Auk

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Auk
Murre and Razorbill.jpg
Common murre, Uria aalge
Razorbill auk, Alca torda
Scientific classification
Kingdom Information
Domain Eukaryota
Kingdom Animalia
Subkingdom Bilateria
Branch Deuterostomia
Phylum Information
Phylum Chordata
Sub-phylum Vertebrata
Infraphylum Gnathostomata
Class Information
Superclass Tetrapoda
Class Aves
Sub-class Neornithes
Infra-class Neoaves
Order Information
Superorder Passerimorphae
Order Charadriiformes
Infraorder Charadriides
Family Information
Superfamily Laroidea
Family Alcidae
Population statistics

Auks or alcids, a general term for 25 species of marine diving birds of the family Alcidae, and found in the higher latitudes of the Northern Hemisphere. The family includes auklets, murres, gillemots and puffins, with the word "auk" generally restricted to three species: the razorbill auk (Alca torda), the little auk (Alle alle), and the extinct great auk (Pinguinus impennis).

Description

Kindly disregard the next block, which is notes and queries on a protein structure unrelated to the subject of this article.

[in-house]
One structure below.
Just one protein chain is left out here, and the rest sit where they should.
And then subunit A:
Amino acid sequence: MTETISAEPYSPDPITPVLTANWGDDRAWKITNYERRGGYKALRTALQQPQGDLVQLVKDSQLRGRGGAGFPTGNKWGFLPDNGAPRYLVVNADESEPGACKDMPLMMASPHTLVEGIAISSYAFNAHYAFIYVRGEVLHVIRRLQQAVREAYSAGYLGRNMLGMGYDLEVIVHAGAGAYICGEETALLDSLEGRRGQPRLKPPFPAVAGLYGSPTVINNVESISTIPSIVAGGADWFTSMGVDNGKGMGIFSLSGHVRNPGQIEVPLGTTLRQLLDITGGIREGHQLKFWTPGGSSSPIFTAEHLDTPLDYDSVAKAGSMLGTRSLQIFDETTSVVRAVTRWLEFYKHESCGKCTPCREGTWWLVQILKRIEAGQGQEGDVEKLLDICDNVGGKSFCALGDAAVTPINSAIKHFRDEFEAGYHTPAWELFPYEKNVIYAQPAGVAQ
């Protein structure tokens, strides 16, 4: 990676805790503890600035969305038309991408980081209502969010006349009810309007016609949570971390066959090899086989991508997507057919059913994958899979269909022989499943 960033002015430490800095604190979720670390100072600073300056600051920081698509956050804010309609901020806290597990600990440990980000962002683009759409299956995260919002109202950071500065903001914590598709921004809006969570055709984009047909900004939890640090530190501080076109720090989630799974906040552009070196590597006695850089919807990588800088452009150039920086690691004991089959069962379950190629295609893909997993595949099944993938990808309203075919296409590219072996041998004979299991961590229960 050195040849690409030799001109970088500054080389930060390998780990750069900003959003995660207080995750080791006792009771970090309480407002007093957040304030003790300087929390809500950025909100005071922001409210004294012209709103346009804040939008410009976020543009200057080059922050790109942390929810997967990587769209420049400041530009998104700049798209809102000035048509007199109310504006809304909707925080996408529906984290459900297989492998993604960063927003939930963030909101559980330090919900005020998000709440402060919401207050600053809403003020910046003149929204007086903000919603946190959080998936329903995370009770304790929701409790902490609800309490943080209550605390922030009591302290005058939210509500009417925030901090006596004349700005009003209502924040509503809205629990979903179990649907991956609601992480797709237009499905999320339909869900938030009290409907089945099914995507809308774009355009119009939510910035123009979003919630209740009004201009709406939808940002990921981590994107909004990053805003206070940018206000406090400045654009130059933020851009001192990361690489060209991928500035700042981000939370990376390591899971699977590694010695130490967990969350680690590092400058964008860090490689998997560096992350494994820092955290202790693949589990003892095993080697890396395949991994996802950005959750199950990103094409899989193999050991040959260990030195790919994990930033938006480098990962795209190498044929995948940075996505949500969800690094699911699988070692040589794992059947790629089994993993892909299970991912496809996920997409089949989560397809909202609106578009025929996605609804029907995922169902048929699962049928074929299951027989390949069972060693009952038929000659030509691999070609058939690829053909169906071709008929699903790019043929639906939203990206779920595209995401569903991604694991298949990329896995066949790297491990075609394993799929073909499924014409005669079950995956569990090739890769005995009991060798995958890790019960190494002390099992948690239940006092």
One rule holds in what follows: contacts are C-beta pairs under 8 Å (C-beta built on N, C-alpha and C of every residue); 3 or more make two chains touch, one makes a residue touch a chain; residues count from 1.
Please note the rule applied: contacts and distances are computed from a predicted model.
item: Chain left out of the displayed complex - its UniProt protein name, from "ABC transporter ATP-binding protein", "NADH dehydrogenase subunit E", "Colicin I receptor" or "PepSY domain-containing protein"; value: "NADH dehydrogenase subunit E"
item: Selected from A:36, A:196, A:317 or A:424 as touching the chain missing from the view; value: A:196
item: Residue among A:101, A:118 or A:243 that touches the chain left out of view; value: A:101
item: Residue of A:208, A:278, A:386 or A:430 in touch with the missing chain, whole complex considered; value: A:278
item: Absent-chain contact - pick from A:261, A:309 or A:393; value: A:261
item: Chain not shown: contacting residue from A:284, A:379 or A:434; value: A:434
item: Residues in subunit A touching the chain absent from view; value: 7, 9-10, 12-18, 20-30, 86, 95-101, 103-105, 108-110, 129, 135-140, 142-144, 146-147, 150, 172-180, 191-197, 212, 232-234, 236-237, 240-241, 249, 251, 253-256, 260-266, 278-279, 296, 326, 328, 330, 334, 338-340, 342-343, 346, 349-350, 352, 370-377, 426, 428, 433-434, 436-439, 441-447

Auks are the northern equivalent of penguins, of which there is a resemblance in many ways. The body is stocky with a large head, and they bear a short neck, legs, and tail. Length varies among species, from 6.5 inches to 30 inches. Beaks are long and pointed (murres); deep and laterally compressed (razorbills, puffins); or stubby (little auks). Plumage is generally monochrome: black or brown above a white belly in most species, with the bold colors of the puffin's beaks being a striking exception.

Auks are excellent divers, using their half-folded wings as paddles underwater as they strike at prey. Their webbed feet are set far back on their bodies and used for steering; the position also gives them an upright appearance when standing, and an awkward gait when walking, similar to penguins. In fact, the largest of the auks - the great auk - was once known as the original penguin before those birds were discovered in the Southern Hemisphere.

Diet

Auks are known to take small fish, shellfish, worms, and crustaceans, but the principle prey is fish. Prey is taken in deep water, and several species usually hunt the same fishing area. Little to no competition occurs between the birds within the area, as they strike at differing sizes and types of prey; a puffin with catch small fish no more than two inches in length, while a larger murre with catch those fish double the size.

Species

Family Alcidae